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Should you go gluten-free?

It’s not often that a serious medical condition sparks a dieting fad. Such is the case with the gluten-free craze. Sufferers of Celiac Disease, an autoimmune digestive disease, absolutely must avoid foods containing gluten, but somehow gluten-free has caught on with non-sufferers who think cutting out gluten will help them eat better or lose weight. It won’t necessarily do either, yet right now there are loads of gluten-free products being marketed to the general population that suggest they can. Even Domino’s Pizza is on the bandwagon with gluten-free pizza crust, although the company’s website cautions that it is not recommended for true Celiac suffers!

Perhaps you have been considered going gluten-free?  Before you stop eating breads, pastas and cereals let’s look at the facts about gluten, Celiac, gluten intolerance and gluten sensitivity.

What is Gluten?
Gluten is a protein found in wheat that gives elasticity to dough, helping it to rise and keep its shape. Gluten is a combination of gliadin and glutenin, which is joined with starch in various grains. Gliadin is what enables bread to rise properly while glutenin is the major protein in wheat flour, making up 47 percent of the total protein content.

Celiac Disease
When people with Celiac Disease eat foods or use products containing gluten, their immune system responds by damaging the small intestine. The tiny, fingerlike protrusions lining the small intestine are damaged or destroyed. Called villi, they normally allow nutrients from food to be absorbed into the bloodstream. Without healthy villi, a person becomes malnourished, regardless of the quantity or quality of food eaten.

Recognizing Celiac Disease can be difficult because some of its symptoms mirror those of other diseases. In fact, sometimes Celiac Disease is confused with irritable bowel syndrome, iron-deficiency anemia caused by menstrual blood loss, Crohn’s disease, diverticulitis, intestinal infections, and chronic fatigue syndrome. As a result, Celiac Disease is commonly misdiagnosed.  According to National Digestive Diseases Clearinghouse, more than 2 million people in the United States are affected by Celiac disease, or roughly, 1 in every 133 people.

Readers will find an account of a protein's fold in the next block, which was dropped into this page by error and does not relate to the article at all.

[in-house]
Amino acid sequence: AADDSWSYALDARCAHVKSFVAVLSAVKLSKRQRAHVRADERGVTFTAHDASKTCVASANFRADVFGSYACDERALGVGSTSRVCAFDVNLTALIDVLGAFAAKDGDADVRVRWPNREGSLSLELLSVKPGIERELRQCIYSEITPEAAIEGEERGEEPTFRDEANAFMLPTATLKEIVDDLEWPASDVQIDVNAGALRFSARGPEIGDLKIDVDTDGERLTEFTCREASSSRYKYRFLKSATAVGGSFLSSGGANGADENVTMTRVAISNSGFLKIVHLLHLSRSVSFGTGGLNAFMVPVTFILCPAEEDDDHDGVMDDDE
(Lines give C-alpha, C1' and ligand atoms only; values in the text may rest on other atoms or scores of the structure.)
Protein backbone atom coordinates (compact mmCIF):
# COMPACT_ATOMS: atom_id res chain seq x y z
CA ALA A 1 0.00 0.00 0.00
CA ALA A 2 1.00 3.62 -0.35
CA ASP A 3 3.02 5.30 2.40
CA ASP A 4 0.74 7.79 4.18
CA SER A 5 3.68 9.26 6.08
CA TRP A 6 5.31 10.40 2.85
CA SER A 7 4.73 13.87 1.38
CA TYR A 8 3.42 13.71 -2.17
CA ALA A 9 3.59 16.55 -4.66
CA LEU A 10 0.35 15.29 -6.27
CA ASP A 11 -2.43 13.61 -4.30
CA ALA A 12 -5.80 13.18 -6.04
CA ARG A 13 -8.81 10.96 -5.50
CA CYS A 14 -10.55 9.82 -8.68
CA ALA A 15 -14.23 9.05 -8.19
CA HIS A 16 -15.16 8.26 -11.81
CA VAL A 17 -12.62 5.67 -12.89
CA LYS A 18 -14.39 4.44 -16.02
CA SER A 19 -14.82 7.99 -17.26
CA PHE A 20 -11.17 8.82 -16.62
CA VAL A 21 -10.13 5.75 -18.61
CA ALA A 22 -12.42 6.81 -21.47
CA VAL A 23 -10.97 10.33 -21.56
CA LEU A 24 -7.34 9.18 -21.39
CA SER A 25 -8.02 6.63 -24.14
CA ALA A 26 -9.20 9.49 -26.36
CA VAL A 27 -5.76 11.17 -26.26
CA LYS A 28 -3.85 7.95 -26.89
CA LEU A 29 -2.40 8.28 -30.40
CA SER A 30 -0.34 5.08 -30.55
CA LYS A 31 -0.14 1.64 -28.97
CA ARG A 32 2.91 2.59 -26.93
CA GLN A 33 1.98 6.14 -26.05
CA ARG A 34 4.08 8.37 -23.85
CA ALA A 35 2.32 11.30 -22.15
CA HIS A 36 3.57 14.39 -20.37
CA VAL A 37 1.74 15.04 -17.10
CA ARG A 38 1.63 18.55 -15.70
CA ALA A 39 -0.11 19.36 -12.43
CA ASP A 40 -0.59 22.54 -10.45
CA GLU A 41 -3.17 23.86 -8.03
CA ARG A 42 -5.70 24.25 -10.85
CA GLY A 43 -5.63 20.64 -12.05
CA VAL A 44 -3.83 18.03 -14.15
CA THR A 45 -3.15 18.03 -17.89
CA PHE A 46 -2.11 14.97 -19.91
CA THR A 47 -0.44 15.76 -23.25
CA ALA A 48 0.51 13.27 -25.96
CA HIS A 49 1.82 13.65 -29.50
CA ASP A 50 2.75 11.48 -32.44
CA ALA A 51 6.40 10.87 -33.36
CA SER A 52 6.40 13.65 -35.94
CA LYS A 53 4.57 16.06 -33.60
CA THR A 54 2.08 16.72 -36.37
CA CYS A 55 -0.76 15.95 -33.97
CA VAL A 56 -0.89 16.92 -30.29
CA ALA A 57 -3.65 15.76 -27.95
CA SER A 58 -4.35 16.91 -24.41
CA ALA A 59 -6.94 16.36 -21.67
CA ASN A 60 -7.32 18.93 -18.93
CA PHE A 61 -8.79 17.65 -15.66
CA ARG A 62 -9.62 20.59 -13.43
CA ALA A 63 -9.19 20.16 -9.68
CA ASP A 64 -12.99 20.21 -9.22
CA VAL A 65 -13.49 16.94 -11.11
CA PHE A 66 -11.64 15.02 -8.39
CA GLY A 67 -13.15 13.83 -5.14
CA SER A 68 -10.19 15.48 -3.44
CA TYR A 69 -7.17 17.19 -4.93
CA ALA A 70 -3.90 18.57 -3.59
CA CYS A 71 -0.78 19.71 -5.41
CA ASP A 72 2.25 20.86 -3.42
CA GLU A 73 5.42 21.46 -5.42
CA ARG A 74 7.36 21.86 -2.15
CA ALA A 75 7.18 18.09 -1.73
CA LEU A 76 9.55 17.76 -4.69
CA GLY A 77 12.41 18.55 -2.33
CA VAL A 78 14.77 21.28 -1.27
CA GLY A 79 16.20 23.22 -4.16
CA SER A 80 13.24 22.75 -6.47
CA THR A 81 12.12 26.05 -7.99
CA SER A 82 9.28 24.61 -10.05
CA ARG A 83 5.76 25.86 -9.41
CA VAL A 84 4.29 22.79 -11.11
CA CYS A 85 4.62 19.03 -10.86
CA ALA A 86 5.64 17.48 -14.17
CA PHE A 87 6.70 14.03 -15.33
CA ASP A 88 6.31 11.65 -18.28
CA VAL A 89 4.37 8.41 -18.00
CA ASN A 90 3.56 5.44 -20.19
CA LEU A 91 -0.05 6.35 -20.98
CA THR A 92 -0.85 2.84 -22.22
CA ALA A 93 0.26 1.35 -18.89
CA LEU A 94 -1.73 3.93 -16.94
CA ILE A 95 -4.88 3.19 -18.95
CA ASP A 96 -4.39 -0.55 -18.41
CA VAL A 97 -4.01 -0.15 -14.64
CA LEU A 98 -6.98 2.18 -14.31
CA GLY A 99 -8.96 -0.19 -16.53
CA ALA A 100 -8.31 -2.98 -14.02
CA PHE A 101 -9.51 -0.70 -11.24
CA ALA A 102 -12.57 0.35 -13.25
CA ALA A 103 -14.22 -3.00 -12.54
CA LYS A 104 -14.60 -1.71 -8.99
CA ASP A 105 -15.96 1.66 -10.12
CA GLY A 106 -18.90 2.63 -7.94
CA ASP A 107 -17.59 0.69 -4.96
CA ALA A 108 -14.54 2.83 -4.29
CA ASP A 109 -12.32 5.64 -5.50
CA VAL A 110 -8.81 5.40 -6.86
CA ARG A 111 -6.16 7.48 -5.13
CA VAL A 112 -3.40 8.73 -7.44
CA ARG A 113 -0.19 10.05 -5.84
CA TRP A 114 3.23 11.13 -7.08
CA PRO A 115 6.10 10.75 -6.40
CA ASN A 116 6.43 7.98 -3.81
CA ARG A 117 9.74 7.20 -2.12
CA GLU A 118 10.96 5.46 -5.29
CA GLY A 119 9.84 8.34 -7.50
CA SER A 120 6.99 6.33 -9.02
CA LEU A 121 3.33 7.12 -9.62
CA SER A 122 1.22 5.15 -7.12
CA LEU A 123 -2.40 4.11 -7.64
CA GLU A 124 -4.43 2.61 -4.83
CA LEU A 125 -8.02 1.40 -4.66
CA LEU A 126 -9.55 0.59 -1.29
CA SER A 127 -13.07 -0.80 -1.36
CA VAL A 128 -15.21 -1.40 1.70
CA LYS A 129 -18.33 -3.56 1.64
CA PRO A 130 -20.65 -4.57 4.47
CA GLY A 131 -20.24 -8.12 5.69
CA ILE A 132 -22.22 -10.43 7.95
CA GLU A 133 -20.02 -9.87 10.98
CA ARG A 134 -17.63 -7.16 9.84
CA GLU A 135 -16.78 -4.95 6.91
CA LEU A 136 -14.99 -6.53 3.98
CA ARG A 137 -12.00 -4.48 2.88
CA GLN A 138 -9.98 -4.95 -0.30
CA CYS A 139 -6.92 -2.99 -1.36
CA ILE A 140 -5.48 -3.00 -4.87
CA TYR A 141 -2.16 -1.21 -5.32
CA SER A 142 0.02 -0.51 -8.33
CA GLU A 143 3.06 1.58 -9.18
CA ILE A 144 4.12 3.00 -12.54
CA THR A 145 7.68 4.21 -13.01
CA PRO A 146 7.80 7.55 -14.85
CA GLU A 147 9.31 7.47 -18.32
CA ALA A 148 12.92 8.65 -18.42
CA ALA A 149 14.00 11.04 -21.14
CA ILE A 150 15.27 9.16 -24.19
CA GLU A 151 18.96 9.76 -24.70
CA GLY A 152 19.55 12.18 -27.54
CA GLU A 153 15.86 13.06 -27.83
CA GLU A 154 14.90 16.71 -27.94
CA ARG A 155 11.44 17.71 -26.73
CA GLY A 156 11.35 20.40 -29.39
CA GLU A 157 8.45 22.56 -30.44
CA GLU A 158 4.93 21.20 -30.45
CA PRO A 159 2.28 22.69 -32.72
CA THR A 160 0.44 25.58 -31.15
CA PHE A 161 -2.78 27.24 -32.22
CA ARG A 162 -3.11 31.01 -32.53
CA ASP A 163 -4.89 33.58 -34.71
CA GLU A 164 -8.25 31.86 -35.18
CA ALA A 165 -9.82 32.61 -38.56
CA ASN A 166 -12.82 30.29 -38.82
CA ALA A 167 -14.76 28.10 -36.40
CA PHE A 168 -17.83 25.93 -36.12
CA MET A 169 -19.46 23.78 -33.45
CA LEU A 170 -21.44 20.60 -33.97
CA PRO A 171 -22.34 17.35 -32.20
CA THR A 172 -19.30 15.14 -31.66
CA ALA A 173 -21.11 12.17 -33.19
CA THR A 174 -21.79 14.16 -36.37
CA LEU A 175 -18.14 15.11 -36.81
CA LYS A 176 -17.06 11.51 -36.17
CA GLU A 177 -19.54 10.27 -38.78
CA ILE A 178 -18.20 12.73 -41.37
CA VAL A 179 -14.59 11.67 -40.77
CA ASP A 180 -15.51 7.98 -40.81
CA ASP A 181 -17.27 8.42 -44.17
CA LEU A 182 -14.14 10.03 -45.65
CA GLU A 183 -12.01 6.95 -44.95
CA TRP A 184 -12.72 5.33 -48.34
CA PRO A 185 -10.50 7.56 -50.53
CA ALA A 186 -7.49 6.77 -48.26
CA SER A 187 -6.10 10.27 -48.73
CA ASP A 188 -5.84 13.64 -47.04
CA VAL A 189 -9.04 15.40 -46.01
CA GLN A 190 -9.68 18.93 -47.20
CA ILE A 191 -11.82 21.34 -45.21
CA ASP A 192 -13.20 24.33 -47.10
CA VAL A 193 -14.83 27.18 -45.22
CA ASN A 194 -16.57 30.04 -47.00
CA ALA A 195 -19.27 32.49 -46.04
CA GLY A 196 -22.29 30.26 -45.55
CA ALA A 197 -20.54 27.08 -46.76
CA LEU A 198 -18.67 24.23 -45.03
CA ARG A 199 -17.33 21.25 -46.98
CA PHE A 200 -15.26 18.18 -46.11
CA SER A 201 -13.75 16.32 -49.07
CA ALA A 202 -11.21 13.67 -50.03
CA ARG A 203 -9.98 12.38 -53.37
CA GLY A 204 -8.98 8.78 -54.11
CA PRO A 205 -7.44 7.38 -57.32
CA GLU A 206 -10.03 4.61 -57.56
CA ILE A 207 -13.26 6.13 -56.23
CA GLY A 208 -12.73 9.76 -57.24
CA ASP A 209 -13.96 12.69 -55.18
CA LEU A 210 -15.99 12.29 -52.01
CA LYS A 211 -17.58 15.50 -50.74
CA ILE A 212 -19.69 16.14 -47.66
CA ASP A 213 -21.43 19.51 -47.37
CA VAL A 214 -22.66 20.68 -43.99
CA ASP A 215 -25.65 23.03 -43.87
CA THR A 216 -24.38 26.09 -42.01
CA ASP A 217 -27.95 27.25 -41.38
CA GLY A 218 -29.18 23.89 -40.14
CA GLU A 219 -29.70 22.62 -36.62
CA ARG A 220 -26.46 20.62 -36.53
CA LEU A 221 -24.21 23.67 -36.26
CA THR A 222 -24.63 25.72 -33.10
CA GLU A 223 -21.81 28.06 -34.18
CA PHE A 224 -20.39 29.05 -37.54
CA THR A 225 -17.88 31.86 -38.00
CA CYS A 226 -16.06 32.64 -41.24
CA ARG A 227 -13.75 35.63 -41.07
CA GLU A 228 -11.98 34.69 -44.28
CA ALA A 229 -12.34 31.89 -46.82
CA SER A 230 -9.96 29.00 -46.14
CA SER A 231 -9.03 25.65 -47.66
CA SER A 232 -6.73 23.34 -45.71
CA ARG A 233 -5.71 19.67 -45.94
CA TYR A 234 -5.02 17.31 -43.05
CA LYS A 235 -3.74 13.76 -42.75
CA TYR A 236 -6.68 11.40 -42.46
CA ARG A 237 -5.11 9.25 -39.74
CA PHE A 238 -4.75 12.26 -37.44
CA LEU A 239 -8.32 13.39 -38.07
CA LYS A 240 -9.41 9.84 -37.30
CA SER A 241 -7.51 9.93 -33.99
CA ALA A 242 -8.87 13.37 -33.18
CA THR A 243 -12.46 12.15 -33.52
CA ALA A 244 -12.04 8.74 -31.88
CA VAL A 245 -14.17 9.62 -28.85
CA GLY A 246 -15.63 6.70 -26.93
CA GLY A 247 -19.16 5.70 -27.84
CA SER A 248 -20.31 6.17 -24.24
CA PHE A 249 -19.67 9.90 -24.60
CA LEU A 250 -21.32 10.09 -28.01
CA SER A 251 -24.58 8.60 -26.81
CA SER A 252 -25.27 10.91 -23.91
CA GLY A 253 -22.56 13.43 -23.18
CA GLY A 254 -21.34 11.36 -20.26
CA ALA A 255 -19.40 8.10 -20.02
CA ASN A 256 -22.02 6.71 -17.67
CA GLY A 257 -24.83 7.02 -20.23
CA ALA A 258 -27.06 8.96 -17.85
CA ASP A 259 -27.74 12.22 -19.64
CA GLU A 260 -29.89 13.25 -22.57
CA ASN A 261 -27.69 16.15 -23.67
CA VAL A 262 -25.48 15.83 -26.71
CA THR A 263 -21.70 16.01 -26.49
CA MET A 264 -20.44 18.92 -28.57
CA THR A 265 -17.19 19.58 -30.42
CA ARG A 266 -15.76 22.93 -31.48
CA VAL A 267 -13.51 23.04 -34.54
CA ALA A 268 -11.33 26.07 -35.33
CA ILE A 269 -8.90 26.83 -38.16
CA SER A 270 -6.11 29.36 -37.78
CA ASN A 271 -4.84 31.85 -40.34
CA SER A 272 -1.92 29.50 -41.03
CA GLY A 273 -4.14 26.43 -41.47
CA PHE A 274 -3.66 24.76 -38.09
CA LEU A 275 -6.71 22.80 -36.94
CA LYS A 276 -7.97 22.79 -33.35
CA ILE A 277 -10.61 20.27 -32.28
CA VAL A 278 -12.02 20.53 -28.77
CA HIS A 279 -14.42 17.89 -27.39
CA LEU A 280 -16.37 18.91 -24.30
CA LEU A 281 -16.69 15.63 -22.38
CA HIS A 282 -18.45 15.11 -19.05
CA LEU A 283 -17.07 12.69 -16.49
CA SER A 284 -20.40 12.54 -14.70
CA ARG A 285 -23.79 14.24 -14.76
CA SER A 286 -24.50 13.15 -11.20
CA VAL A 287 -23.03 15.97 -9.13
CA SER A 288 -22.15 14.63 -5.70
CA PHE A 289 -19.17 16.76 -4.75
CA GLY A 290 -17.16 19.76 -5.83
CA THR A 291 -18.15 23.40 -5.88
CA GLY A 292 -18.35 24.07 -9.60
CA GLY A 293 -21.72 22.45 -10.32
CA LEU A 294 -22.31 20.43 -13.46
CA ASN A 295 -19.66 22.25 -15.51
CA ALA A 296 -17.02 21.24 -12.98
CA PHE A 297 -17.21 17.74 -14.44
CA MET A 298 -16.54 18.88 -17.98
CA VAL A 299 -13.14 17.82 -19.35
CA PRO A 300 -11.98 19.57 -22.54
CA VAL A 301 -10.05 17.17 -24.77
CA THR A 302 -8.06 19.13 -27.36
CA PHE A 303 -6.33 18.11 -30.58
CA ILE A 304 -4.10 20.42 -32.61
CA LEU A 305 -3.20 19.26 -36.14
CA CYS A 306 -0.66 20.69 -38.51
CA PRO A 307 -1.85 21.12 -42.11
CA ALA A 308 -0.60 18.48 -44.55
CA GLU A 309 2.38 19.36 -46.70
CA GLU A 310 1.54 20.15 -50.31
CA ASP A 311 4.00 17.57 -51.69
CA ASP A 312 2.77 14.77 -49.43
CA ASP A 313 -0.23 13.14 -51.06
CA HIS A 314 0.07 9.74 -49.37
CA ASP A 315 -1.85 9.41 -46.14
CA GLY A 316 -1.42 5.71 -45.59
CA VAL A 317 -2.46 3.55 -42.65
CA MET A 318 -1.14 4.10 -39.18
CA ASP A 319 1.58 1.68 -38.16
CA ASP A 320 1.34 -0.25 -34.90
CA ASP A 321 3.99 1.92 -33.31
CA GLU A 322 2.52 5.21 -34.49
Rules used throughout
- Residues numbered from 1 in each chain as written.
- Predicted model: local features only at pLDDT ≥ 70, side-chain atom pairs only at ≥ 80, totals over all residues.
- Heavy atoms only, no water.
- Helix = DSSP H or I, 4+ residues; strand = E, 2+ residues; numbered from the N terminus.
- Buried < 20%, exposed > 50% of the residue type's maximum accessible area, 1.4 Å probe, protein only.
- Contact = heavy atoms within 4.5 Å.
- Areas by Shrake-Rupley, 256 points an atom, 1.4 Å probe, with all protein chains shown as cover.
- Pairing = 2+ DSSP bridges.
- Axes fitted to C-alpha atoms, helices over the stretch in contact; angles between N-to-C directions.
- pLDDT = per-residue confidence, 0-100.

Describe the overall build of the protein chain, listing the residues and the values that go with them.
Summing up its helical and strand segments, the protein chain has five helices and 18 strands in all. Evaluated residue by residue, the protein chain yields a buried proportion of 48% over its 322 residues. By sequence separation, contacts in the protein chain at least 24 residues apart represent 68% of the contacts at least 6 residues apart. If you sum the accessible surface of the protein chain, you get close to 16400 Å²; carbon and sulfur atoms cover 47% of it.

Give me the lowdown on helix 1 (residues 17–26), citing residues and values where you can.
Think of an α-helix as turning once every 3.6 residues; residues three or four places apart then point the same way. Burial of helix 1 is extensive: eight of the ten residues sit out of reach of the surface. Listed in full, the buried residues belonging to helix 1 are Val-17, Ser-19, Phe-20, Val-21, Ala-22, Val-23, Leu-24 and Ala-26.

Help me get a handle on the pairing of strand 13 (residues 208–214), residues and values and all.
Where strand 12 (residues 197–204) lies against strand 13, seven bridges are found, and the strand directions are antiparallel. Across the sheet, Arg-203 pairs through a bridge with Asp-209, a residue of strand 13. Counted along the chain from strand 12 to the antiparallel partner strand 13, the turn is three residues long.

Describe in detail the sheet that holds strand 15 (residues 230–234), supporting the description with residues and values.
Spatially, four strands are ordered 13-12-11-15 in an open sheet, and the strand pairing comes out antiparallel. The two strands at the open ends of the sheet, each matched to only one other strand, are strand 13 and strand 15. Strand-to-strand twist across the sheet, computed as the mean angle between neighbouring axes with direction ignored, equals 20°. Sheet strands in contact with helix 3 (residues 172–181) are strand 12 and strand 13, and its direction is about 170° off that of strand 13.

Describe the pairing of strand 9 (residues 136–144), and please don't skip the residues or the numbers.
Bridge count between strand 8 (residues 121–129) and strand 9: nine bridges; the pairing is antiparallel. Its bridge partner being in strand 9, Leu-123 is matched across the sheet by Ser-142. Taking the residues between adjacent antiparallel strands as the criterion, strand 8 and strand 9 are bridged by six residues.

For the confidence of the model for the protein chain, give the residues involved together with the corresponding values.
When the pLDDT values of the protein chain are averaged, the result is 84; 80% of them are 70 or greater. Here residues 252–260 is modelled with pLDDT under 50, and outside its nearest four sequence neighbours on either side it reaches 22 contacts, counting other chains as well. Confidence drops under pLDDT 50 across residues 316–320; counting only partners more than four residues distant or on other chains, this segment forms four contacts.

Symptoms
Early signs and symptoms of Celiac include: stomach pain, bloating, gas, decreased appetite, weight loss, intermittent or constant diarrhea, nausea and/or vomiting, and floating stools that are bloody or fatty in appearance.  Long-term symptoms include easy bruising, hair loss, missed menstrual periods, fatigue and joint pain, and dermatitis, or itchy skin.

Diagnosis
Often the results of a blood test help detect Celiac Disease. If a blood test comes back positive for the appropriate antibodies, an upper endoscopy may be performed to assess possible damage to the small intestine, more specifically the duodenum. If there is a flattening of the villi, those finger-like projections that absorb nutrients, the doctor or a registered dietitian will work with the patient to create a gluten-free diet. After a few months, the doctor may order another round of blood tests and endoscopy to evaluate the body’s response to the new diet. If the results are normal, it is confirmed that Celiac Disease is the cause. Genetic testing is also helpful for relatives of those with Celiac Disease, as the disease is hereditary and very common with first-degree relatives.

Long term damage from eating gluten with celiac disease